April 2013: Touareg Music Makes a Leap

Bombino – Amidinine I've been interested in the incredibly diverse and all-around badass music coming from Mali for probably about 15 years, getting turned on to it initially by listening to Ali Farka Touré. A couple years after getting hooked on Touré I heard Tinariwen, which has been the primary ambassador of Touareg music outside of the Sahara. The Touareg sound (okay, and the mythology) really captured my imagination. Now that Tinariwen has been around for several years, a bunch of other Touareg musicians have been making waves over here, including Bombino -- who is actually from Niger not Mali (but I get the feeling those kind of distinctions are pretty meaningless in the middle of the desert).

Probably about 60 seconds into hearing Bombino's new album Nomad I thought to myself, "This is the next evolutionary step of Touareg music." Musicians like Tinariwen and their cohort have often referenced rock music, rhetorically and musically, but the connection to me has always seemed a bit thin, like a film director talking about the influence of another director by whom they've only seen one movie, and that was on a small b&w TV when they were a little kid. I don't mean that as a dis on Tinariwen, their music is amazing and unique, and says so much about where they come from -- I've just never thought of it as particularly rock-y, or even blues-y. Despite their electric guitars and avowed admiration for Jimi Hendrix, their music sounds very much like something from the middle of the Sahara. This album is the first time I've heard music that is still clearly in the Touareg tradition, but also very aware of modern rock music. And not as a tourist, as musicians who might be just as comfortable playing Rolling Stones covers.

Nomad was recorded in Nashville and produced by the Black Keys' Dan Auerbach, and you can hear it from the first note. It's a subtle difference, and I think has as much, if not more, to do with the sonic quality of the way the album's recorded than what is actually being played. There's an immediacy, a punch, a hotness to it that just doesn't happen even on the most scorching of the Tinariwen tracks. And Bombino doesn't get lost in the production, the way a lot of "world music" musicians do when they collaborate with Western musicians. He sounds like he has mastery over every thing that happens, and the album is very clearly Bombino.

I was sharing my theory about the album with Gabe, who's actually spent a lot of time in the Sahara and seen Touareg musicians performing in the desert. She was inclined to take slight umbrage with my analysis, saying that when she's seen these bands they do really "rock." After getting nowhere trying to describe what I was talking about, I finally just played a track from the previous Bombino album and then one from the new album. Everything that I had been describing was instantly clear. "Oh," she said. "I didn't realize how different they really sounded."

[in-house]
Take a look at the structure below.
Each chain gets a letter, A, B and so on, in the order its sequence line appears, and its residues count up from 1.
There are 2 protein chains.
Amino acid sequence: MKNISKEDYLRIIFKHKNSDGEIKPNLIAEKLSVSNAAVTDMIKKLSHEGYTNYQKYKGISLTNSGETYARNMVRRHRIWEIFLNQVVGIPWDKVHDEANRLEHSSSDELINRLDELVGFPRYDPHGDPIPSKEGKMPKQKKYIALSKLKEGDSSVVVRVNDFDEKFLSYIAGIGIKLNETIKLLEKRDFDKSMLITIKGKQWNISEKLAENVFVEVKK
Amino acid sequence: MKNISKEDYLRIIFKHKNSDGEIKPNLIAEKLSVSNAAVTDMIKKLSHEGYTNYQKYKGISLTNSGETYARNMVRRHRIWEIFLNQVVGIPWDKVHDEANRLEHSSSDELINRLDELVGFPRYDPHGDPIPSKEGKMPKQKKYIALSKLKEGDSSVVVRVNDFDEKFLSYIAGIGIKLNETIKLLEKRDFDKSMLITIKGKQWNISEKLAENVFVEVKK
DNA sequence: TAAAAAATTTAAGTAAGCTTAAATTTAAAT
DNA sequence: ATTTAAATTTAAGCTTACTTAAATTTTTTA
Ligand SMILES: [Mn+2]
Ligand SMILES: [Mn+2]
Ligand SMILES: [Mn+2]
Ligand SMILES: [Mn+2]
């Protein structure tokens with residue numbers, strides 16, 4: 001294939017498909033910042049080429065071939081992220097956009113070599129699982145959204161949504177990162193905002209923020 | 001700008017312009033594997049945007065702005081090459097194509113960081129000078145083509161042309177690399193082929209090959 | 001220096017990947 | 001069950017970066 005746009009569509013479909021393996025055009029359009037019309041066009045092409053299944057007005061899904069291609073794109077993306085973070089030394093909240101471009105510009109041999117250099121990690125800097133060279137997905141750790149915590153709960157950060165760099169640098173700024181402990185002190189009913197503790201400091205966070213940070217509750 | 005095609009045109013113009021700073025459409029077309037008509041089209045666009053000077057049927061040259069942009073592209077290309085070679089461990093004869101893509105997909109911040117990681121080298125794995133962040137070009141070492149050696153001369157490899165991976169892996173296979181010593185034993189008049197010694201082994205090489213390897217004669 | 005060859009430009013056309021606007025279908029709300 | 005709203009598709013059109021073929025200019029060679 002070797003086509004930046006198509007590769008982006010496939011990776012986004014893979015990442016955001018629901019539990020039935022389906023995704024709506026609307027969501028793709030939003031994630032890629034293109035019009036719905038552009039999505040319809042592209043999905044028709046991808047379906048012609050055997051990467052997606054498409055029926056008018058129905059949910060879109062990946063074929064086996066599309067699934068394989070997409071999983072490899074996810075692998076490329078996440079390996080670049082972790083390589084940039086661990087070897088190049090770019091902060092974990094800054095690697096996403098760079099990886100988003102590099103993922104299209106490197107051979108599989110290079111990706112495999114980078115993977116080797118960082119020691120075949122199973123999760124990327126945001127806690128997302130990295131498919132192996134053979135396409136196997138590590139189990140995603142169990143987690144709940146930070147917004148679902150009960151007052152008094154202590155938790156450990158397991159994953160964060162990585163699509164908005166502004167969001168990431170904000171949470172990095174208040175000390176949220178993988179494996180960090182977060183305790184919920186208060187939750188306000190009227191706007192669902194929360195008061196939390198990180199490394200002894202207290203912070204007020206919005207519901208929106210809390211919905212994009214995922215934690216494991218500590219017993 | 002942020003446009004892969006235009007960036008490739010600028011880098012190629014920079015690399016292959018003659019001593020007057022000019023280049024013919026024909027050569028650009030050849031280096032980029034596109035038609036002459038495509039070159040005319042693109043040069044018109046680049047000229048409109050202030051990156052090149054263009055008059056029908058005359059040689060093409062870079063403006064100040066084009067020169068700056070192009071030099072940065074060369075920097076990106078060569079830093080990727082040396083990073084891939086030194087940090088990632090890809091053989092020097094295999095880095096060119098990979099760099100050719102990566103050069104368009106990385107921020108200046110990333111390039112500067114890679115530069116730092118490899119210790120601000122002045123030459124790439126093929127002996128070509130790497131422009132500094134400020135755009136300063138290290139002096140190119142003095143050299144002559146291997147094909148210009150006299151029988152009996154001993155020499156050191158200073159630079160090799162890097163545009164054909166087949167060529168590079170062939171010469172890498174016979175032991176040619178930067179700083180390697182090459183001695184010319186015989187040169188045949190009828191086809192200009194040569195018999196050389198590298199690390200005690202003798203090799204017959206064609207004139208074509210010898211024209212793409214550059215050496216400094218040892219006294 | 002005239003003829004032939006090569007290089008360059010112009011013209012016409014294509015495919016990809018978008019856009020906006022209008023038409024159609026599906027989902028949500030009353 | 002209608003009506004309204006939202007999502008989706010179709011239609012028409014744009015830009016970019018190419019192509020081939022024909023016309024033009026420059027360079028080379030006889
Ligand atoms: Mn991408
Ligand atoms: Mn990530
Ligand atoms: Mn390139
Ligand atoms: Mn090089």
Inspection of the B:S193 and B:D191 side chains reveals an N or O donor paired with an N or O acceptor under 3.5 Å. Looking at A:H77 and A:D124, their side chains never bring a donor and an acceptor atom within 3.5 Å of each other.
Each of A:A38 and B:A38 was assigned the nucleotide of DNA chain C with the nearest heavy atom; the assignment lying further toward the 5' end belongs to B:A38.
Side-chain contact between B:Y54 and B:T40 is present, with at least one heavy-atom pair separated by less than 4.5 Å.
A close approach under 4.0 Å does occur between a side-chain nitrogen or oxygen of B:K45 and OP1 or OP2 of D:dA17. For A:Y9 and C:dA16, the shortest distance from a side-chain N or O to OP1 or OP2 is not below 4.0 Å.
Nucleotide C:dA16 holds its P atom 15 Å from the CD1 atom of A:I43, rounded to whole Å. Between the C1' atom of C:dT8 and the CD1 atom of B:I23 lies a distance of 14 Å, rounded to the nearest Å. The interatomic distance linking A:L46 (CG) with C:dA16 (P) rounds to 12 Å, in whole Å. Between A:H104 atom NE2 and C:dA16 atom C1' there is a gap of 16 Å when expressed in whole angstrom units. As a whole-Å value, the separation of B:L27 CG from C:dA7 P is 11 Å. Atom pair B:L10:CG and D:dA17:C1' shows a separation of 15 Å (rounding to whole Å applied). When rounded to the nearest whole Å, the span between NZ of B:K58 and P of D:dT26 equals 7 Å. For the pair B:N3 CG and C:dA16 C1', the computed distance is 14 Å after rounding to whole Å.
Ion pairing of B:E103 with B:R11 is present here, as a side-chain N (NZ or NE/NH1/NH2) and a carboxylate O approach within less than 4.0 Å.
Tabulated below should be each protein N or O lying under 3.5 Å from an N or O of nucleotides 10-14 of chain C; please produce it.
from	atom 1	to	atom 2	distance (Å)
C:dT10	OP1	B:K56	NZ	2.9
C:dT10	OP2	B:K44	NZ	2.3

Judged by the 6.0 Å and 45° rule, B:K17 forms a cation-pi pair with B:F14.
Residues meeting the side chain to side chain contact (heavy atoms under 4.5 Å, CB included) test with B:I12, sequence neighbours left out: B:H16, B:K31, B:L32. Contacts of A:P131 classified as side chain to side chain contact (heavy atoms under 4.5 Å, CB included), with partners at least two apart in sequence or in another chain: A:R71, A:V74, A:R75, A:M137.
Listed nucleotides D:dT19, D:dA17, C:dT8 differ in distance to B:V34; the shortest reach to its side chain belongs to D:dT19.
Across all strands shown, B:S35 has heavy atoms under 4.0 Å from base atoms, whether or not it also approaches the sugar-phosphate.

I think the most striking thing about the difference is that it sounds like the purpose of the music has shifted. Even though Tinariwen's music is rooted in struggle, the sound of it seems to be more about expressing the mood and ethos of the desert - which makes perfect sense. The new Bombino album, though, seems to be expressing the mood and ethos of someone who has the desert in their blood but is living in the city or someplace very different than the desert. Which, I guess, makes perfect sense, too. Ultimately, for me it feels like the fulfillment of a musical promise, and I love Bombino for that.

Maximum Balloon Feat. Aku – Tiger Just a great, funky song from the side project of Dave Sitek, the secret weapon behind TV On The Radio.

Blood Orange – Can We Go Inside Now Blood Orange's Dev Hynes is someone I remember reading about several times in past years, but never got around to hearing. Funny how the impression I got from those articles is so out of touch from the impression the actual music makes. In other words - They did not tell me it would be this good! Between this and the Lightspeed Champion (see below) album, I'm seriously impressed. Solange made the insightful decision to have him produce her recent album, and you can hear his influence all over it. Slinky, soulful, smart. Mm.